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Creating reader surveys with Google Forms

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Gathering data with Google Forms

Learning how to gather data is as important as learning how to interpret and use it. From simple surveys to detailed projects that gather information over long periods of time, there are plenty of tools available to help you quickly get what you need to know in a format that’s useable for analysis and storytelling.

One of the most commonly used tools for gathering data from readers is Google Forms. Google Forms captures information as a questionnaire, and saves it as a spreadsheet in your Google Drive.

It’s popular with journalists because it can be used on mobile phones as well as desktop PCs, and can be embedded into existing webpages to keep readers engaged.

In this lesson, you will learn:

  • How to create a Google Form
  • What the best types of questions are for Forms
  • How to publish a form within a page on your site

Create a new form

If you have access to Google Drive, then you can create Forms. Go to your Drive homepage and click on New>Form, or head to forms.google.com and click the red Plus symbol in the bottom right of the Forms overview, and you’ll be taken to a blank form

A newly created form.

There are templates set-up for commonly used Forms, such as contact pages or event booking sheets, but these are unlikely to fit the story you’re writing. The chances are you’ll want to start with a completely blank Form.

Forms can be accessed in several ways: you can include them at the bottom of an existing story to ask readers to submit more information, or as a separate page within your own site or on Google Drive.

In this example, we’re going to be working on a story about water shortages. We want to know how much water our readers use in their households per month, to compare that to national and international norms. To do this, we will create a form that asks them to submit some information from their monthly water bill.

Forms aren’t just for gathering data from readers of news websites, though. They are also useful for journalists collecting data in the field.

For example, you might be canvassing a community about living conditions in a peri-urban area, and have questions about household water usage you’ll be asking face-to-face. Rather than writing into a notebook and then digitising those replies later, you can capture data straight into a Form on your phone.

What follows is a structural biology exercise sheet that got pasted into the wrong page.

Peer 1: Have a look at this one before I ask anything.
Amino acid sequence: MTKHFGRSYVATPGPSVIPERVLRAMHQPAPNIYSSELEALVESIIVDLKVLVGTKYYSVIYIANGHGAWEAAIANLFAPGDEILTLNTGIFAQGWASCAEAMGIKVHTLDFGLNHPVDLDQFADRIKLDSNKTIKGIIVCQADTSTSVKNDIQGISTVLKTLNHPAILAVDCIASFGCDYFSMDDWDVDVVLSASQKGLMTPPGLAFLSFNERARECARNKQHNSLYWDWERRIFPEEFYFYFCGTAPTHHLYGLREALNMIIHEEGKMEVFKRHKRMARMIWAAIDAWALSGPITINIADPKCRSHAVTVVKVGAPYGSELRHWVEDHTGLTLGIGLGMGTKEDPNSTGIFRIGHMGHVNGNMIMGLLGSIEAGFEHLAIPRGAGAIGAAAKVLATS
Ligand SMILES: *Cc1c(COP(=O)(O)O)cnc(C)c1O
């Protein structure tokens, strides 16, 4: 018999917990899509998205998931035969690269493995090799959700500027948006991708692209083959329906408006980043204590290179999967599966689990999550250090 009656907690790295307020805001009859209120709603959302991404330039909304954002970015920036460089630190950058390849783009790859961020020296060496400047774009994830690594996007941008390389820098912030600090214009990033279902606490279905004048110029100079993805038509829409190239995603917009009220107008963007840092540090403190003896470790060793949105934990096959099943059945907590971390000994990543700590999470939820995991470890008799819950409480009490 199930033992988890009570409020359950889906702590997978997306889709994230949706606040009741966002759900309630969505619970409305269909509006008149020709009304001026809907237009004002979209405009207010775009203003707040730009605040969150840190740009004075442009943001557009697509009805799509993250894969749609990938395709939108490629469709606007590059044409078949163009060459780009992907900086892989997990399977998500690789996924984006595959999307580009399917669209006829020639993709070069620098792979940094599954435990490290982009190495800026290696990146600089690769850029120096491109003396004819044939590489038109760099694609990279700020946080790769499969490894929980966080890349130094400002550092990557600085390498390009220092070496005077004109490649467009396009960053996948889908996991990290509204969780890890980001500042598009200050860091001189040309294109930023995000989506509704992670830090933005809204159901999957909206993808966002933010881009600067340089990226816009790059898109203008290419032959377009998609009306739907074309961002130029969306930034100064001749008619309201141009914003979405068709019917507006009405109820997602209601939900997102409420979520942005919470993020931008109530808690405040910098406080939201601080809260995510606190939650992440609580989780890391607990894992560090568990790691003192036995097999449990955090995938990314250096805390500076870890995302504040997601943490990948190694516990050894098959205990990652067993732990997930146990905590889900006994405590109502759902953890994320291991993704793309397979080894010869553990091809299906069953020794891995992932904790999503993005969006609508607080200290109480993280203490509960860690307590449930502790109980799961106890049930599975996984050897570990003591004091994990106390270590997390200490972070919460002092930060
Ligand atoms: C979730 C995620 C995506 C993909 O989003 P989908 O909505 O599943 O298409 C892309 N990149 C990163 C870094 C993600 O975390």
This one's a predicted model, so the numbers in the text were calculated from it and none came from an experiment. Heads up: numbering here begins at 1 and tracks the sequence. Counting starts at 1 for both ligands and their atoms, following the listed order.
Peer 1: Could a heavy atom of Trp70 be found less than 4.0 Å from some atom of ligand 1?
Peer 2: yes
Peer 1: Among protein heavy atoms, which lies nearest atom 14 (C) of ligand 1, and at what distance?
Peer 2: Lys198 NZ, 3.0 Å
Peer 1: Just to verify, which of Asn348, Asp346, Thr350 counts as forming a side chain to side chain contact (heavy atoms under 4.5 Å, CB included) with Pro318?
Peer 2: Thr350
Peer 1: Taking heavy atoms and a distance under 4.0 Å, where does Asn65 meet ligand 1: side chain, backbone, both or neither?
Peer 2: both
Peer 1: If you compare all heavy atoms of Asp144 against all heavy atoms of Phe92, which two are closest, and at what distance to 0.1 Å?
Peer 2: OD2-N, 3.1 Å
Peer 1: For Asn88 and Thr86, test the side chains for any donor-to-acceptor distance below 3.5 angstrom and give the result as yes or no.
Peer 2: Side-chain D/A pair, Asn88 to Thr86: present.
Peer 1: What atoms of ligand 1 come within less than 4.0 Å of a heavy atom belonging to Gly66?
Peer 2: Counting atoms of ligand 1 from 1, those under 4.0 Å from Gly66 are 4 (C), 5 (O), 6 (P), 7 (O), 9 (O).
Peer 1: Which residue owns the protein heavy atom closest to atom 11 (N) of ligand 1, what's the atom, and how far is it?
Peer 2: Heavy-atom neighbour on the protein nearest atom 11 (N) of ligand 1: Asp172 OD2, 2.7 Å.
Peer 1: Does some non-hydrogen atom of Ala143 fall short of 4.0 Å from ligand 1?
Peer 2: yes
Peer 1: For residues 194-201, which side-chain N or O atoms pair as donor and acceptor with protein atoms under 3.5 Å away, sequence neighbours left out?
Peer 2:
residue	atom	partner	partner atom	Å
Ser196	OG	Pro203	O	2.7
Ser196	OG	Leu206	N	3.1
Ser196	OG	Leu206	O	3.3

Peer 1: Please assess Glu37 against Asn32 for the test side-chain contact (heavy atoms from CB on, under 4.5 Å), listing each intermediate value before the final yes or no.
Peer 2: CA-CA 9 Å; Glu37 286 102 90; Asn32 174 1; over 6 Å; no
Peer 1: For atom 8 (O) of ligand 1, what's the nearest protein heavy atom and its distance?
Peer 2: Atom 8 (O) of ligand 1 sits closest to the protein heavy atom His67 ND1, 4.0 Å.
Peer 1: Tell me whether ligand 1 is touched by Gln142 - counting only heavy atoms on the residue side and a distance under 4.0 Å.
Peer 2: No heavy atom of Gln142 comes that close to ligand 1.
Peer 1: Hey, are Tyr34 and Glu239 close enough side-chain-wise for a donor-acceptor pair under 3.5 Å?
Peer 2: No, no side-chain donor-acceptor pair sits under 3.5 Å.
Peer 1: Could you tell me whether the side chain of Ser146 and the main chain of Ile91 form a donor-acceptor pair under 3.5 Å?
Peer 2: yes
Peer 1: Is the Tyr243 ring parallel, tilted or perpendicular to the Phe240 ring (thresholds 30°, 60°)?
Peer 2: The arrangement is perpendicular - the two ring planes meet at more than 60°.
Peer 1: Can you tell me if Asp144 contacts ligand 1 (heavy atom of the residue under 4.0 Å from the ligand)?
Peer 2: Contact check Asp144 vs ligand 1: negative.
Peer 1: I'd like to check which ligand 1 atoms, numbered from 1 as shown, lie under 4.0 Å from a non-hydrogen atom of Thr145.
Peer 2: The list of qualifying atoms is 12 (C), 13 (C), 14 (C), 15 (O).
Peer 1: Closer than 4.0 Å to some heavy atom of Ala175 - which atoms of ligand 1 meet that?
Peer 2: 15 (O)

Craft the heading and intro

When you put together your Form, think about where it will be published. If you’re embedding a form onto a webpage, for example, you’ll want to keep the heading and introductory paragraph short. Readers will know why they are there already, and want to get straight into the answers.A lot of text at the top of the form may repeat what has been published above it.

If you’re planning to direct readers to a standalone page, however, you may need to include extra information to remind them why they are there.

You can add as many questions as you like to a Form, and have it run over multiple pages. Just remember, however, that the longer the Form is the higher the risk that a reader won’t complete it all. Keep Forms short and to the point whereever possible.

Types of question

Take a moment to make sure you’re asking the right question to get the information you need. You can edit a form once it’s been published, but it’s unlikely that you’ll be able to convince readers to resubmit replies to the same survey if you realise the answers aren’t being framed in a useful manner.

Google Forms can create questions that accept multiple choice answers, sentence length answers and long form answers.

You can set any answer to be optional or required using the slider in the bottom right hand corner of the question editor. You can also add images to question boxes if you wish, using the icon that appears when you hover over the title.

In the top right-hand corner, you’ll find menus to change the colour palette, preview your form or change global settings such as randomising the question order and turning it into a quiz.